> may replace them by asterisks.
          >
          > So here's a snipped (not fully tested) which you may adapt as you like if
          > you use multi-boot. Get ready. Get set. Go.
          >
          > if has("gui_running")
          > if has("x11")
          > if has("gui_gtk2")
          > " GTK+2
          > set guifont=Lucida\ Typewriter\ 11
          > else
          > " X11 without GTK+2
          > set
          > guifont=-*-lucidatypewriter-medium -r-normal-*-*-180-*-*-m-*-*
          > endif
          > else
          > " non-X11 (Windows or similar)
          > set guifont=Lucida_Console:h11:cDEFAULT
          > endif
          > endif
          >
          > HTH,
          > Tony.
          >
          >
          >
          Thanks,
          I've been *playing* with kvim (KDE) since I've only used gnome and gvim
          before. I did the :mkv! command while in kvim with all my setting ready
          and then pasted the output from my .vimrc to my .gvimrc. Just before I
          read your post I used: ' if has ("gui_kde") <kde stuff > else ' < gvim
          stuff > endif

          It's the first time I've written a control statement in my config file.
          Cool! I'll take a closer look at your post and see what I can glean from it.

          Thanks again for your help!

          Don
        • Antoine J. Mechelynck
          ... [...] ... Note: the above two lines should be joined ... Note that if / else / endif etc. must either be on separate lines or be separated by the
          Message 4 of 9 , Jan 1, 2004
            Don Stefani <vimuser@...> wrote:
            > Antoine J. Mechelynck wrote:
            [...]
            > > if has("gui_running")
            > > if has("x11")
            > > if has("gui_gtk2")
            > > " GTK+2
            > > set guifont=Lucida\ Typewriter\ 11
            > > else
            > > " X11 without GTK+2
            > > set
            > > guifont=-*-lucidatypewriter-medium -r-normal-*-*-180-*-*-m-*-*

            Note: the above two lines should be joined

            > > endif
            > > else
            > > " non-X11 (Windows or similar)
            > > set guifont=Lucida_Console:h11:cDEFAULT
            > > endif
            > > endif
            > >
            > > HTH,
            > > Tony.
            > >
            > >
            > >
            > Thanks,
            > I've been *playing* with kvim (KDE) since I've only used gnome and
            > gvim before. I did the :mkv! command while in kvim with all my
            > setting ready
            > and then pasted the output from my .vimrc to my .gvimrc. Just before I
            > read your post I used: ' if has ("gui_kde") <kde stuff > else ' < gvim
            > stuff > endif

            Note that if / else / endif etc. must either be on separate lines or be
            separated by the neighbouring statements by vertical bars.

            BTW, I don't see gui_kde under ":help feature-list". Is that a non-standard
            one? I suppose gvim for KDE would use one of the other standard X11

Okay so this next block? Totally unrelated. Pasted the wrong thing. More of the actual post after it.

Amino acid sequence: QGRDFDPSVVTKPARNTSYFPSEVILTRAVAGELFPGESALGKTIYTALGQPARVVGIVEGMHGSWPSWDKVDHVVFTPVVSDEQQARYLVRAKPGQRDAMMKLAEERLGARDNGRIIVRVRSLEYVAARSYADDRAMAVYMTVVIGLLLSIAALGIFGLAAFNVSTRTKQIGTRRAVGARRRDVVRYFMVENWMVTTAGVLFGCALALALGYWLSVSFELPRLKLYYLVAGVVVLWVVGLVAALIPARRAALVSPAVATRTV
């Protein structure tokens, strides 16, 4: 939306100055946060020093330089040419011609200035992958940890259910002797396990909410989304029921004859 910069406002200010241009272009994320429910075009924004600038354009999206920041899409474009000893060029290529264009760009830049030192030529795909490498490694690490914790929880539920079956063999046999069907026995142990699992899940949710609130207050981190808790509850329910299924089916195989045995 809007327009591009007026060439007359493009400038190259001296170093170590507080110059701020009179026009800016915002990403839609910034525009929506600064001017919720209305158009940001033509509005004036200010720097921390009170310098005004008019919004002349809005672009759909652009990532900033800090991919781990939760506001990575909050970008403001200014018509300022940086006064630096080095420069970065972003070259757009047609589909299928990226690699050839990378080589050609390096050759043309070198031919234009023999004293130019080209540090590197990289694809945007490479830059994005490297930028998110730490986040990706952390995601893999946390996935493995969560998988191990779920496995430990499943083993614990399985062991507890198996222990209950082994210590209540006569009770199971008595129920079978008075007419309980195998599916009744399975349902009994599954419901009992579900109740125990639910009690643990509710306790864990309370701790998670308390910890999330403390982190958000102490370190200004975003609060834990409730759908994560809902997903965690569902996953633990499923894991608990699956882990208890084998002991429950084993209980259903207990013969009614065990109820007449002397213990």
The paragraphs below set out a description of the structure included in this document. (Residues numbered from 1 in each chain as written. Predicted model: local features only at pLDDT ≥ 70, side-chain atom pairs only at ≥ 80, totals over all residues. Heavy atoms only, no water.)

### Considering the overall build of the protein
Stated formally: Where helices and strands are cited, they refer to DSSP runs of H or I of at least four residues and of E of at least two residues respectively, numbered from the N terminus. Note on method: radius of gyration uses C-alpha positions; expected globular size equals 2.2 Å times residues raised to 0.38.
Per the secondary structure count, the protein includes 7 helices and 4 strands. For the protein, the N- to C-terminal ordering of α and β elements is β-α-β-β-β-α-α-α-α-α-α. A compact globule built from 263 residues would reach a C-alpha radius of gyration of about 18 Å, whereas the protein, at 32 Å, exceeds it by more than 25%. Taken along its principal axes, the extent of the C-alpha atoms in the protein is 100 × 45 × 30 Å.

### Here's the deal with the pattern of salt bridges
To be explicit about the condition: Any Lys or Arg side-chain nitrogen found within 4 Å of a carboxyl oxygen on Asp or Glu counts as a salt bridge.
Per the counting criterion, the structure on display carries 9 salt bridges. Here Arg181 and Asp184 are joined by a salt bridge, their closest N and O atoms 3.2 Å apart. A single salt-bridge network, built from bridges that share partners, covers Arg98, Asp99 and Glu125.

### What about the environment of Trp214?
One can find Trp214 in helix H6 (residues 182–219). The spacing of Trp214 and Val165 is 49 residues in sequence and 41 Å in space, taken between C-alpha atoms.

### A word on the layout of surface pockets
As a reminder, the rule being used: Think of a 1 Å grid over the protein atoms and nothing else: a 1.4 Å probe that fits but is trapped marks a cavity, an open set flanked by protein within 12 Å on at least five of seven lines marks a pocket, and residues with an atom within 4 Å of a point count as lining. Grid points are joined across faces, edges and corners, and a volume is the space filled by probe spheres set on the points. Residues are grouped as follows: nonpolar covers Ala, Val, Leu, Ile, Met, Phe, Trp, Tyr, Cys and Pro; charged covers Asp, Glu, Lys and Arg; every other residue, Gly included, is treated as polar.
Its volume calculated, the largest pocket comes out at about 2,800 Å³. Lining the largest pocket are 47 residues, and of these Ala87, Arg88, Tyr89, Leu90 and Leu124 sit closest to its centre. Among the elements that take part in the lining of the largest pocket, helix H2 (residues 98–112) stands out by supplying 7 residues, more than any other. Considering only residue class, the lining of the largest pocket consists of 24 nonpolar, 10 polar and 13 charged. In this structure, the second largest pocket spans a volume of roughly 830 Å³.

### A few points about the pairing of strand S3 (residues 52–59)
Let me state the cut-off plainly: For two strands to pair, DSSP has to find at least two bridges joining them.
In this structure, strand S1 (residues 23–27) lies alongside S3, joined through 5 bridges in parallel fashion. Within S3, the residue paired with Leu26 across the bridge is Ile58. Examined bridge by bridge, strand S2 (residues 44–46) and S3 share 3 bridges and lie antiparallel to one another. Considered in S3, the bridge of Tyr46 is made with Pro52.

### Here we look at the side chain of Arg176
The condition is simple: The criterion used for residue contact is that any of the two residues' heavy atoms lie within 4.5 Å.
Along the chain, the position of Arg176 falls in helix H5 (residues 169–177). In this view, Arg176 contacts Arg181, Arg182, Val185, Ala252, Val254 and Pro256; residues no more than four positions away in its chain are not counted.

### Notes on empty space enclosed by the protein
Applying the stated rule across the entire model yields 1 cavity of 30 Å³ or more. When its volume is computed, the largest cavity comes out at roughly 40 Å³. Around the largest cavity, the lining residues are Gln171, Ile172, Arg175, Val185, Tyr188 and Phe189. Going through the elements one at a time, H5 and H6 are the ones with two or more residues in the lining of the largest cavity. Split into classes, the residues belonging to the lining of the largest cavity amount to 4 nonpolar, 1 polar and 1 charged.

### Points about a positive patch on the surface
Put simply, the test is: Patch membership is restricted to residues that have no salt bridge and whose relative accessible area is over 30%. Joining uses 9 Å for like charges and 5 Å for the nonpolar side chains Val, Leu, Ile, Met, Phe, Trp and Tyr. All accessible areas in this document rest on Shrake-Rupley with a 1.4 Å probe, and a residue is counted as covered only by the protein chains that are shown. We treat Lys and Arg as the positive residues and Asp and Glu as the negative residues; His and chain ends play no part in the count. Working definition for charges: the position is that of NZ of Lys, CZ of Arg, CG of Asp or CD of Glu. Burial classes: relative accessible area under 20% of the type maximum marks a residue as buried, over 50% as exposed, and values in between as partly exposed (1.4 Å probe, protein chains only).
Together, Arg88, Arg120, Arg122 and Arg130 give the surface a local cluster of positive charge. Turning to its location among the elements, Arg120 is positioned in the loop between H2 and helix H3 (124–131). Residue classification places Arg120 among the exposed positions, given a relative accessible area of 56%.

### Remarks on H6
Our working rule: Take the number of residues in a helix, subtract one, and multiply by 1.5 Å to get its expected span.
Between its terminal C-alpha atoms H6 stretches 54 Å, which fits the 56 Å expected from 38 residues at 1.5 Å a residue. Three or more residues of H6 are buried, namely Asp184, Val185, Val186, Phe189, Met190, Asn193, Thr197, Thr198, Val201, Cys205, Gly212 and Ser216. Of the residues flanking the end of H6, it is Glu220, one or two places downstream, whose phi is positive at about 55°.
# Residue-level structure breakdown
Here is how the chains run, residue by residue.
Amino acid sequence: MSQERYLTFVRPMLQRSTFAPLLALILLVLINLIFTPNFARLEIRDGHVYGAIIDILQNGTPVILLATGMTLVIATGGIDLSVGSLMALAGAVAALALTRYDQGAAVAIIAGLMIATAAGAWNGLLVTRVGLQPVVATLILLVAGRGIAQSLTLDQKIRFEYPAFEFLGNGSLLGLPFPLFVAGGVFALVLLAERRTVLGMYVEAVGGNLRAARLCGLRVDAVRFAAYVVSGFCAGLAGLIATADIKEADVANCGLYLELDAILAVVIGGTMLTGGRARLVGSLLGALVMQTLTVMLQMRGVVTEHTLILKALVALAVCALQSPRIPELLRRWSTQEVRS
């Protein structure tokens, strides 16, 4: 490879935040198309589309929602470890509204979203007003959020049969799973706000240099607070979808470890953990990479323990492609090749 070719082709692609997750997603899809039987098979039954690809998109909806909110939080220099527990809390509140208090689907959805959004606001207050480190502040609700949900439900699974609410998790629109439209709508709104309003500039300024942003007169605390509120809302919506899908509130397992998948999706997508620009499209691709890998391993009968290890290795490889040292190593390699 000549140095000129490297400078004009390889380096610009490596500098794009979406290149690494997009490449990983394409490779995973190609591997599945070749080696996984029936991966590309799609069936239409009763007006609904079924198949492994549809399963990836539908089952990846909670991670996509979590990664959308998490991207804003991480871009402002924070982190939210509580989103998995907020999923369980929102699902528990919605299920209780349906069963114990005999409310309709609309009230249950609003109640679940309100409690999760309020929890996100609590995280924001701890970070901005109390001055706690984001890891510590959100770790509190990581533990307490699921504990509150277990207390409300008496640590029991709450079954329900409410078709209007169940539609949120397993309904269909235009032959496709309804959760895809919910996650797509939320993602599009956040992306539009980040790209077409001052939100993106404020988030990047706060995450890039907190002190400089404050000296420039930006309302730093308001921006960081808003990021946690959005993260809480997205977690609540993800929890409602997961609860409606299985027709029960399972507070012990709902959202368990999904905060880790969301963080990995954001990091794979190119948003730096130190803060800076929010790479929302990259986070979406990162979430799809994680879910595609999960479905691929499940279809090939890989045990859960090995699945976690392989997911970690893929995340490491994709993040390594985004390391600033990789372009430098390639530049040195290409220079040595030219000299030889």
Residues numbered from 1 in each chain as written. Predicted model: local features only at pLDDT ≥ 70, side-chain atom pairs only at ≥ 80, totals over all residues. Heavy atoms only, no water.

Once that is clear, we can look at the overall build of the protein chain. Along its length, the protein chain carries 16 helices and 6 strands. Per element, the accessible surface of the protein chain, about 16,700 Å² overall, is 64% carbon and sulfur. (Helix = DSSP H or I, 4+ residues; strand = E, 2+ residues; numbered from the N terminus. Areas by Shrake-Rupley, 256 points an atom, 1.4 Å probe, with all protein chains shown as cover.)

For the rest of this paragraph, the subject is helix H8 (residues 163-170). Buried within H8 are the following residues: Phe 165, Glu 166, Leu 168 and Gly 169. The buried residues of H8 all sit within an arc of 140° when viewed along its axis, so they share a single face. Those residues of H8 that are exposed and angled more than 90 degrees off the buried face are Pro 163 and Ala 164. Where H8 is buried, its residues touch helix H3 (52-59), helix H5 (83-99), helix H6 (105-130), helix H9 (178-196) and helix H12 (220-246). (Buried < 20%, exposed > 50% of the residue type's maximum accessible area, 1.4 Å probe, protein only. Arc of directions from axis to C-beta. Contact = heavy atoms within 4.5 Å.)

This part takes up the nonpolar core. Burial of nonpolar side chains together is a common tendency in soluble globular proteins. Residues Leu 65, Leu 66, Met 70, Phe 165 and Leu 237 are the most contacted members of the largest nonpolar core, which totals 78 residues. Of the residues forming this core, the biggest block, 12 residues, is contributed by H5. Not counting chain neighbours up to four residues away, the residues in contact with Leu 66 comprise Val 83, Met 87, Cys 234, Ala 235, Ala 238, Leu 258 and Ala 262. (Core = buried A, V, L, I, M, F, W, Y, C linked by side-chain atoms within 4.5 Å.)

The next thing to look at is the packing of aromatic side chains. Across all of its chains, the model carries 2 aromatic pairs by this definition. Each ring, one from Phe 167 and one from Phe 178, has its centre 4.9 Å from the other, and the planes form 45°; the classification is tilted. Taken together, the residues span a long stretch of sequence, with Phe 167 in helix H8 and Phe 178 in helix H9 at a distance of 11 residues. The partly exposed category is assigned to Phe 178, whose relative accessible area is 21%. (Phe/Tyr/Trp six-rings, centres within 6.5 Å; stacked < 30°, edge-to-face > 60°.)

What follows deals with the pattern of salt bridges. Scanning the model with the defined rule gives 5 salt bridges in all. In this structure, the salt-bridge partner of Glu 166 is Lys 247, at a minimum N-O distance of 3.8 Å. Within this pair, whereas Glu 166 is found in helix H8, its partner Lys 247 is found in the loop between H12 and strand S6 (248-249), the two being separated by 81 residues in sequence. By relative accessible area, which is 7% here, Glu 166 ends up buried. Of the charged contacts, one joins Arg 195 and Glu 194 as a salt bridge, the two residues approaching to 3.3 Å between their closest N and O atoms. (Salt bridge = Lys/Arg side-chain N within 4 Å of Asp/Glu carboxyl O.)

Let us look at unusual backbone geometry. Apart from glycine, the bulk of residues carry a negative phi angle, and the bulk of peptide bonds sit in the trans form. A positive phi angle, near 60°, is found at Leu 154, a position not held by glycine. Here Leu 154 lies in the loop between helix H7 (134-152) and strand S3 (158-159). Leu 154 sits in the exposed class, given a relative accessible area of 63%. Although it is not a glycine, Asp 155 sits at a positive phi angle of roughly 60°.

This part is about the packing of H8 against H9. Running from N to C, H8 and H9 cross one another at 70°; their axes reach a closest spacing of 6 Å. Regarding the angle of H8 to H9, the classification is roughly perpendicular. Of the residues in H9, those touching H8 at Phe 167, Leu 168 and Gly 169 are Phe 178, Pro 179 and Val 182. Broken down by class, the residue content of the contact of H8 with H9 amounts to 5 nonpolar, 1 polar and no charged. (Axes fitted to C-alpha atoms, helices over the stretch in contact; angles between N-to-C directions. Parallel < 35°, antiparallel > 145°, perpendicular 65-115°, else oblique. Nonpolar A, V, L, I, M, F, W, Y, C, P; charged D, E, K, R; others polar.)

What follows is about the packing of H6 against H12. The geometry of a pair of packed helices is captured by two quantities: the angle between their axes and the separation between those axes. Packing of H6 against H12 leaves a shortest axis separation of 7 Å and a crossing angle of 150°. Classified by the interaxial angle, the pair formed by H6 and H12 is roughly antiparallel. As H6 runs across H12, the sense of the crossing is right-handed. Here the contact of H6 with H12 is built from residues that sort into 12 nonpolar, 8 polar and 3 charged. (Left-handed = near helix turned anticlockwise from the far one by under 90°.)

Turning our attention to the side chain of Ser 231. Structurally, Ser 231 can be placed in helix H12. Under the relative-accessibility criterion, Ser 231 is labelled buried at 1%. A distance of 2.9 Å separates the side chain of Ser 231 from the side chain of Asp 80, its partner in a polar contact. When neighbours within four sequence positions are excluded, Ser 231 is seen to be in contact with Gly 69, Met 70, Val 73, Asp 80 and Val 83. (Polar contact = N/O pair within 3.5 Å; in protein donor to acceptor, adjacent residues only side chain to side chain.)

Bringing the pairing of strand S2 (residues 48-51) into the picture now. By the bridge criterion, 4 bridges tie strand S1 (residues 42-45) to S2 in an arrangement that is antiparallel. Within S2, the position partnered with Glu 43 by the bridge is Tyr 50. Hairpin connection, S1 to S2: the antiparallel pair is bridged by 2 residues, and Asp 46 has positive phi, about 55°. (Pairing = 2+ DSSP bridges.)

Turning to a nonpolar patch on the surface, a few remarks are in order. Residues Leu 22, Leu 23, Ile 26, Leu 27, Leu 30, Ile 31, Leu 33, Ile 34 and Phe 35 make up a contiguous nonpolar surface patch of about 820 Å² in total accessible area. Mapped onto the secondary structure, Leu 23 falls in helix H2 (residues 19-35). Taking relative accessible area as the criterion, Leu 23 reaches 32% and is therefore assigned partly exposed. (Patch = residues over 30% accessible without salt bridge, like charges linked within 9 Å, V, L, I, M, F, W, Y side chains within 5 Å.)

interfaces.

            >
            > It's the first time I've written a control statement in my config
            > file.
            > Cool! I'll take a closer look at your post and see what I can glean
            > from it.
            >
            > Thanks again for your help!
            >
            > Don

            My pleasure. Note that my mail client added a spurious linefeed in the "set"
            line for X11 ("set" and "guifont=-*-lucidatypewriter..." should of course be
            on the same line).

            Happy Vimming and (while it's still Jan. 1 here) Happy New Year

            Tony.
          • Don Stefani
            ... After I sent it I realized that I didn t write that snippet in style, my config works great. ... I had never heard of it either until I
            Message 5 of 9 , Jan 1, 2004
              Antoine J. Mechelynck wrote:
              >
              > Note that if / else / endif etc. must either be on separate lines or be
              > separated by the neighbouring statements by vertical bars.

              After I sent it I realized that I didn't write that snippet in
              <code></code> style, my config works great.

              > BTW, I don't see gui_kde under ":help feature-list". Is that a non-standard
              > one? I suppose gvim for KDE would use one of the other standard X11
              > interfaces.

              I had never heard of it either until I installed suse 9 using KDE. I've
              been a gnome guy.
              Here's the site from the help > about kvim
              http://freehackers.org/kvim

              I've been tweaking suse for the last day or so, so far I really like it.
              That's one main reason I'm moving to vim, working on my linux box and
              uing my windows box for Photoshop and playing MP3's! ;-) Plus at the
              first shop I worked at with Perl / Java programmers, these guys made me
              learn to use vi even though I was the only "clicky clicky" front end guy
              there.
              Now I do both my front end and programming in vim. I'm feeling more like
              a geek every day!!!

              Thanks again,

              Don Stefani
            Your message has been successfully submitted and would be delivered to recipients shortly.